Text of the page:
Just go and listen to his songs, from the hits to the unknowns. There’s nary a bad song in the bunch, and the good ones are downright legendary. But isn’t that the way in country music, that if nobody is screaming your name to the rafters, it just sort of fades away.
Well it’s about time that Eddie Rabbitt’s legacy received a reconsideration, and a rehabilitation if necessary. So here on his 80th birthday, the least that that little boy sitting in front of his record player losing his mind to “I Love A Rainy Night” can do to return the favor of introducing me to country music is use the platform he created many years later to tell everyone about the incredible career of Eddie Rabbitt.
November 27, 2021 @ 10:28 am
I’m down with this movement. I remember my mom playing that album all the time. Riding in my dads truck hearing those songs. Solid country golf. A few years ago I jumped down the rabbit hole of Eddie Rabbit songs, and realized how many I knew and really enjoyed.
December 1, 2021 @ 12:34 pm
Author wrote, “Aside from maybe Gary Stewart, the case could be made that Eddie Rabbitt is the most wrongfully overlooked star in country music history.”
Concerning the history and legacy of Country Music, I don’t think a more truthful statement has ever been written. End of story.
March 29, 2023 @ 11:20 am
He was a favorite of mine great singer n songwriter. I’m pissed cause he didn’t get the recognition he deserved!! Shame on CMA 😡😡😡
November 27, 2021 @ 10:38 am
God Bless your older Brother!!!
And, good for you, for this tribute.
May 7, 2022 @ 3:58 pm
Ronnie Milsap mentions Eddie at every show he does after doing Pure Love. That would be over 45 years since it hit #1 for him and Eddie.
November 27, 2021 @ 10:52 am
I didn’t know there were slanted wood shacks on dirt roads next to swamps full of toads in Brooklyn. I guess you learn something new every day.
January 26, 2023 @ 7:27 pm
Sarcasm not appreciated.
February 20, 2023 @ 3:37 pm
Yep, sarcasm is, indeed, the lowest form of wit!
February 21, 2023 @ 7:32 am
People who don’t get sarcasm always say that.
But seriously, it’s not a sarcastic comment, it was a facetious reply to someone who claimed that Eddie Rabbitt always wrote from his personal experiences. I don’t know if that comment was somehow deleted and my reply then became a comment or if I hit the wrong button and posted this as a comment rather than a reply, but at any rate I agree that without the other comment providing context it does seem sarcastic and, frankly, really doesn’t make any sense.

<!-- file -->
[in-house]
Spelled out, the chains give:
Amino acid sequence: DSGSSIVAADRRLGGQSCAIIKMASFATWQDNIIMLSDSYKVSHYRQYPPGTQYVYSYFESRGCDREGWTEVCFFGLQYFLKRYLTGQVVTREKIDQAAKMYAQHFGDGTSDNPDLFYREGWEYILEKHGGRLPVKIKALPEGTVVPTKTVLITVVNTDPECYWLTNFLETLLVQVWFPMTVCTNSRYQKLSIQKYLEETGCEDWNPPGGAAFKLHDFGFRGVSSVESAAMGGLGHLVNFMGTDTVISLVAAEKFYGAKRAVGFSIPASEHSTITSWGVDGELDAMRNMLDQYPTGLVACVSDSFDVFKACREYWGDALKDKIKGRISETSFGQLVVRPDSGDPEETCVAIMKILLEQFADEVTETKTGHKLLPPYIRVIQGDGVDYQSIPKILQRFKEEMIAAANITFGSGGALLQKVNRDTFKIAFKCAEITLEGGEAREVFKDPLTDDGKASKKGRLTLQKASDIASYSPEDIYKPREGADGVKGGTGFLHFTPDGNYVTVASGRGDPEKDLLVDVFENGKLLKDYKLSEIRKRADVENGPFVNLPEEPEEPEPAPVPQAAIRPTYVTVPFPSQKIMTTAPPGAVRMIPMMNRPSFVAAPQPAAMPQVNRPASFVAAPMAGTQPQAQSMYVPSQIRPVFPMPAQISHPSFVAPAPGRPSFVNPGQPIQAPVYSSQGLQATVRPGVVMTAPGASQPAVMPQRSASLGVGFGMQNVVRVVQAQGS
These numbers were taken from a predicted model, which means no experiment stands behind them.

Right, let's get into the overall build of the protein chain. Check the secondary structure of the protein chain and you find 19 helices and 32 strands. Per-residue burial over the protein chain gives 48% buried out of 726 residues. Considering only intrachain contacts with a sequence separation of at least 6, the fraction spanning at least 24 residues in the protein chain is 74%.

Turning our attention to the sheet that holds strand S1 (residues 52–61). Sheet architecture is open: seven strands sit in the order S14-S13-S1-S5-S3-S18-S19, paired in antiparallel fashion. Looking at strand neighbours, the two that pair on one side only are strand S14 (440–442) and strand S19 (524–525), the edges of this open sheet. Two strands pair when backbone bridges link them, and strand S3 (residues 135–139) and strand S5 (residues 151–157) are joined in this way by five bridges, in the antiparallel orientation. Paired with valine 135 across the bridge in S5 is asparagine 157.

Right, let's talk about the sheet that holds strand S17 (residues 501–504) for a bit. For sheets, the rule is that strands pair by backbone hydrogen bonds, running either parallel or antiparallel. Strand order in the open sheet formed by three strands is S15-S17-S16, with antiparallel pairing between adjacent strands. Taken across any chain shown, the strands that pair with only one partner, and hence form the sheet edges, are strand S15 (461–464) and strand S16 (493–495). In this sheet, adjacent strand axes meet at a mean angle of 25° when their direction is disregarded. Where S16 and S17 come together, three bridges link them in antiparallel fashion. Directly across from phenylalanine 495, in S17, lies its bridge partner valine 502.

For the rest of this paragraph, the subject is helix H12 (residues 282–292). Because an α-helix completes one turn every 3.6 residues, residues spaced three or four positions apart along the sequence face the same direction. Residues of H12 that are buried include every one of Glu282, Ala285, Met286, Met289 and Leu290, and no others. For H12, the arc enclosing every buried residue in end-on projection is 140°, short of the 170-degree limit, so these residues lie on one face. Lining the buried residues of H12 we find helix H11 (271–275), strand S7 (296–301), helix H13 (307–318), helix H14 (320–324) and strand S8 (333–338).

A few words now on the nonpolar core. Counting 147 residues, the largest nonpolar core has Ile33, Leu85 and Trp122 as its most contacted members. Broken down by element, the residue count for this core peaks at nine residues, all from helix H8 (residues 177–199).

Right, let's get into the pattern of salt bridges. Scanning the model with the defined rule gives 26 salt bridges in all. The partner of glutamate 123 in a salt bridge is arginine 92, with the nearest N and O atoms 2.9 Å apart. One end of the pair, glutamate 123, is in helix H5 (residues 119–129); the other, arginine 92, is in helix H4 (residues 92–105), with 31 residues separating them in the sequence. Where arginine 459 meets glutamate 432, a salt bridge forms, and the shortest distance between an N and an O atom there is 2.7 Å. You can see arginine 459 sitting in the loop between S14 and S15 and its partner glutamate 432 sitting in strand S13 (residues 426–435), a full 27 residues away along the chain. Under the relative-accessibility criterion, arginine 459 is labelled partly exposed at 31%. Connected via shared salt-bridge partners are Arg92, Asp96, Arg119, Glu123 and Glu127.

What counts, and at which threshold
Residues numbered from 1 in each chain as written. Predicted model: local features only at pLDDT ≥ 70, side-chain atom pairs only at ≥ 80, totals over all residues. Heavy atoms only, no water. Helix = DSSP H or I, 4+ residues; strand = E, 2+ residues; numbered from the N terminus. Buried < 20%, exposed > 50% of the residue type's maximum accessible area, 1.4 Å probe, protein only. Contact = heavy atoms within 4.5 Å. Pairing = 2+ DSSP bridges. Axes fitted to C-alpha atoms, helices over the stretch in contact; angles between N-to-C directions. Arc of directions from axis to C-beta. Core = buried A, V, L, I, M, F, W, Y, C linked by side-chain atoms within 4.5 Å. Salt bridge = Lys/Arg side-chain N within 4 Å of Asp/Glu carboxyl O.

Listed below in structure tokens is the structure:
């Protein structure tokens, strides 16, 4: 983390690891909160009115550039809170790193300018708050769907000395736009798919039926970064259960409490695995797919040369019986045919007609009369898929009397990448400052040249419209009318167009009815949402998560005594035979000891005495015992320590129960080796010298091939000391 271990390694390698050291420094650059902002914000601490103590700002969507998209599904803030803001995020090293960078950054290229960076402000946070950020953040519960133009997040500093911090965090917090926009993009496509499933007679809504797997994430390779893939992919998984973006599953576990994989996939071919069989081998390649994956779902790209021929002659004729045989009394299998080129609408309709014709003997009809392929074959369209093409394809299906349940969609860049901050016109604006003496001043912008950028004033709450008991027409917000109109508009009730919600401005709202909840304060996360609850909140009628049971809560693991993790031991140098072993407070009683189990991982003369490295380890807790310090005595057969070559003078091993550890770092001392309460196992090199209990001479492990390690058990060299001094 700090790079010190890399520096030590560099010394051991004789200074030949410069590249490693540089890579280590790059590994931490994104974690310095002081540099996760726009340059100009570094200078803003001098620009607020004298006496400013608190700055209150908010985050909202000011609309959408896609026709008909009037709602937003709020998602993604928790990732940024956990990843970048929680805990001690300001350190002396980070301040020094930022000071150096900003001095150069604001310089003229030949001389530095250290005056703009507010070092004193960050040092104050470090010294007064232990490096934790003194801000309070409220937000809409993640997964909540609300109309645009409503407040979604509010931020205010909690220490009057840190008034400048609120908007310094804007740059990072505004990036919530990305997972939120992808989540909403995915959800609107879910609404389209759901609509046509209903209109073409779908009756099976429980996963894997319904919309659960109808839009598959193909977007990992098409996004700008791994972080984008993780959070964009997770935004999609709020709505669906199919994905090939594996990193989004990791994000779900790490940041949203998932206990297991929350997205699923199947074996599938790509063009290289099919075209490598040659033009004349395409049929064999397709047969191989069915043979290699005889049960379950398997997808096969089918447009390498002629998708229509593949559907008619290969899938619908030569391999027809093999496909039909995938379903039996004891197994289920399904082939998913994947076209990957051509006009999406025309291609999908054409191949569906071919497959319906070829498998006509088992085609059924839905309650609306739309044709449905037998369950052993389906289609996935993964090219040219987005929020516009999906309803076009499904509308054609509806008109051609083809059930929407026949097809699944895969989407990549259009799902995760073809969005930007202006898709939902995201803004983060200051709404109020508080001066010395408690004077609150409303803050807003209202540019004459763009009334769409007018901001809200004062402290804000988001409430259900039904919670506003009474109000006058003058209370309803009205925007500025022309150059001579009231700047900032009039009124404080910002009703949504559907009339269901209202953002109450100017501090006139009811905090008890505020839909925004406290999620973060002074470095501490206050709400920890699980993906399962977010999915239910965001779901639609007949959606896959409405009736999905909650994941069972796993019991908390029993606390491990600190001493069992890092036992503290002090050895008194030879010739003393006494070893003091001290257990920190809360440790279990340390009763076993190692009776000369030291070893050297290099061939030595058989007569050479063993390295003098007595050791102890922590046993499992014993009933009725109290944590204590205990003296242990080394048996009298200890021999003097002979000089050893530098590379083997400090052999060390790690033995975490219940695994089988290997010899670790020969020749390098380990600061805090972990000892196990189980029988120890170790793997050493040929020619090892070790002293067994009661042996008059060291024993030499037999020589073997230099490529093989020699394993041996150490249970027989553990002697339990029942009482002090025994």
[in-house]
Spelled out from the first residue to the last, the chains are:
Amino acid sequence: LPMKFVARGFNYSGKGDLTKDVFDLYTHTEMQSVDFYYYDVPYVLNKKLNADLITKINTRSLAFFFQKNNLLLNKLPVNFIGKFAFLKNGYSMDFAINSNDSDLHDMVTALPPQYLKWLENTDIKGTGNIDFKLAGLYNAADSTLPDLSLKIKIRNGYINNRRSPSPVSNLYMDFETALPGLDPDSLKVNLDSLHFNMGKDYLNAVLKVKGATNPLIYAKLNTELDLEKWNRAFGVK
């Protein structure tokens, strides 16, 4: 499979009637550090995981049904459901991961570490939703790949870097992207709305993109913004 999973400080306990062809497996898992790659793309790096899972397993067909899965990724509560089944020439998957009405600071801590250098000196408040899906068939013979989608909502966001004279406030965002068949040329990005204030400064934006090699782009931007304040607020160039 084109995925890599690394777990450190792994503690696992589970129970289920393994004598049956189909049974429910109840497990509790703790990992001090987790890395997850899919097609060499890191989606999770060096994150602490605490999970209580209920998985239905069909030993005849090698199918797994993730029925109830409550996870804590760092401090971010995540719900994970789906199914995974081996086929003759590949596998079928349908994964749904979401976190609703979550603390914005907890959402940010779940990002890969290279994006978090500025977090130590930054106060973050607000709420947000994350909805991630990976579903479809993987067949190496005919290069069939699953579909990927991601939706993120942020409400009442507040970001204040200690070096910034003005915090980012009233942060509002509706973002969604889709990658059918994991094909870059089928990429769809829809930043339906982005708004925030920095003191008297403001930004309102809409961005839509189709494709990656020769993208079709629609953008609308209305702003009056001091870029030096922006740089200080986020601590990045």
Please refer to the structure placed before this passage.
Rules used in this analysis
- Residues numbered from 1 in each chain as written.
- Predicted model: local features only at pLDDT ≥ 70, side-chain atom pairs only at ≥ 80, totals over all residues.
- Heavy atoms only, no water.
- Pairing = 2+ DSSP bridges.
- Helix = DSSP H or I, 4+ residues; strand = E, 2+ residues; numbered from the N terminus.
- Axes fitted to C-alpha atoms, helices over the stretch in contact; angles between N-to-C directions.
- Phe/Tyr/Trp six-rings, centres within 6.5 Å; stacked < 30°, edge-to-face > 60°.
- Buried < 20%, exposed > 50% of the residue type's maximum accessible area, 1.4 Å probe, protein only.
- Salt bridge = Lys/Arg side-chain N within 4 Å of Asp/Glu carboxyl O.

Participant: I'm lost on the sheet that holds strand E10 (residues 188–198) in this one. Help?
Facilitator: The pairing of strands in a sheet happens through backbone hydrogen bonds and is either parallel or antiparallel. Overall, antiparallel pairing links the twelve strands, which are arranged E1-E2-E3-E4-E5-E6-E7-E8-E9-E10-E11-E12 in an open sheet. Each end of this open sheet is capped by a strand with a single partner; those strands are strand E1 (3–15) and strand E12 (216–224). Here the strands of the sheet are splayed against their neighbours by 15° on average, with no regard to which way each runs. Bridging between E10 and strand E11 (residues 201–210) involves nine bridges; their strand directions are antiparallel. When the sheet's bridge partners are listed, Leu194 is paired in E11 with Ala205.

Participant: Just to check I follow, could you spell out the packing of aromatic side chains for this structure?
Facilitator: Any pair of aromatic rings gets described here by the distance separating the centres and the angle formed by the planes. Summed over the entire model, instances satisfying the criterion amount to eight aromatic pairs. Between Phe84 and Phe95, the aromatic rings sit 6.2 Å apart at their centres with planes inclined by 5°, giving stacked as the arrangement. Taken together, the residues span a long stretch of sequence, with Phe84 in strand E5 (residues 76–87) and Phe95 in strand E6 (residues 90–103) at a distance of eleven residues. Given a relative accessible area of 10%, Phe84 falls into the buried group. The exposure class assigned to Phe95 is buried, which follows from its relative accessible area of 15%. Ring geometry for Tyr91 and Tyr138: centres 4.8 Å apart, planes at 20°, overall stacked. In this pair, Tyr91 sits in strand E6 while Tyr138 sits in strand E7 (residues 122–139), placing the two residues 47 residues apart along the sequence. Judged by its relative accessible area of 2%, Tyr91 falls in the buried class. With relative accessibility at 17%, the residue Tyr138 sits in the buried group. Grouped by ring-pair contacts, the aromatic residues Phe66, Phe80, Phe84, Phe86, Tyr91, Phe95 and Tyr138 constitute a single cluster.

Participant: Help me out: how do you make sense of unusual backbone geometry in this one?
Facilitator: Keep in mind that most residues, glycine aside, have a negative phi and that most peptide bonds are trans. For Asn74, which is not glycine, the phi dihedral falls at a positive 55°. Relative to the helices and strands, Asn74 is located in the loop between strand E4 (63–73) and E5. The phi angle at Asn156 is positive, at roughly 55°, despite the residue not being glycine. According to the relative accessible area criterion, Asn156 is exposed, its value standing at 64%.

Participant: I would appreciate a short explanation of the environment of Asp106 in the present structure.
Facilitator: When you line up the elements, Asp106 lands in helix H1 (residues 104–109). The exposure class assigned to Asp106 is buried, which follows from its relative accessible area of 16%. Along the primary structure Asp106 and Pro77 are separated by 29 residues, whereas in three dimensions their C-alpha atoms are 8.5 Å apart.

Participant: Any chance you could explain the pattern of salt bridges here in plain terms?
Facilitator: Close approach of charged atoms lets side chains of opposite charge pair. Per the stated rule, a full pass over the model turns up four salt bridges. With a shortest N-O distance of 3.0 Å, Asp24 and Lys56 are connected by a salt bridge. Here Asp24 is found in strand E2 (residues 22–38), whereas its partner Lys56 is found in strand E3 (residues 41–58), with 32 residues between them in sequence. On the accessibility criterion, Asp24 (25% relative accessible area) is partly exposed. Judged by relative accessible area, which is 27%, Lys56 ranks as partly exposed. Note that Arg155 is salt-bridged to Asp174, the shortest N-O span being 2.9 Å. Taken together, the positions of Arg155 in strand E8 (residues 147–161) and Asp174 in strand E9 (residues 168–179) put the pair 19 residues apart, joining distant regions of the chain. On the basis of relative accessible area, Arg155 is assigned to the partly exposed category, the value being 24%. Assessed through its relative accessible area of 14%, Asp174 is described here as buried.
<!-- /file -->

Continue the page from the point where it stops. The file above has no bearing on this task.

All that being said, the post is well over a year old so I’m not sure why it matters anyway.
Sir Adam the Great
November 27, 2021 @ 11:09 am
“I’m not bad. I’m just drawn that way.”
– Eddie Rabbitt
Seriously, Eddie, Earl Thomas Conley, and Keith Whitley (among others) updated the sound of country without changing the heart of country. Eddie Rabbitt is completely underrated. Good on ya, Trigger.
November 27, 2021 @ 11:51 am
Thank you for the great tribute. Now we know that there were more great country artists than the usual suspects.
November 27, 2021 @ 12:02 pm
One of the many that hasn’t been recognized. Look at his catalog and his chart success. That is what makes him a true Country Artists. Awards are icing on the cake, but Eddie proved he didn’t need them to have a bountiful career. He is one of my all time favorites. My playlist of Eddie Rabbitt singles on my computer proves this.
November 27, 2021 @ 12:08 pm
I was in college when along came “Rocky Mountain Music,” a song that immediately caught my attention. That song, along with “Tullahoma Dancing Pizza Man” off the “Rocky Mountain Music” album somehow made my brain permanently think of Eddie Rabbitt as a “progressive” country artist. Somehow, it took me a couple of years to realize “Do You Right Tonight,” “Two Dollars in the Jukebox,” and “Drinkin’ My Baby (Off My Mind)” were straight-ahead honky-tonkers. “Rocky Mountain Music” remains one of my all-time favorite albums.
I lost a lot of interest in Rabbitt’s music when he went pop, but rejoiced when he released “On Second Thought” later in his career. The strength, though, of his first two albums is way overlooked.
November 27, 2021 @ 12:10 pm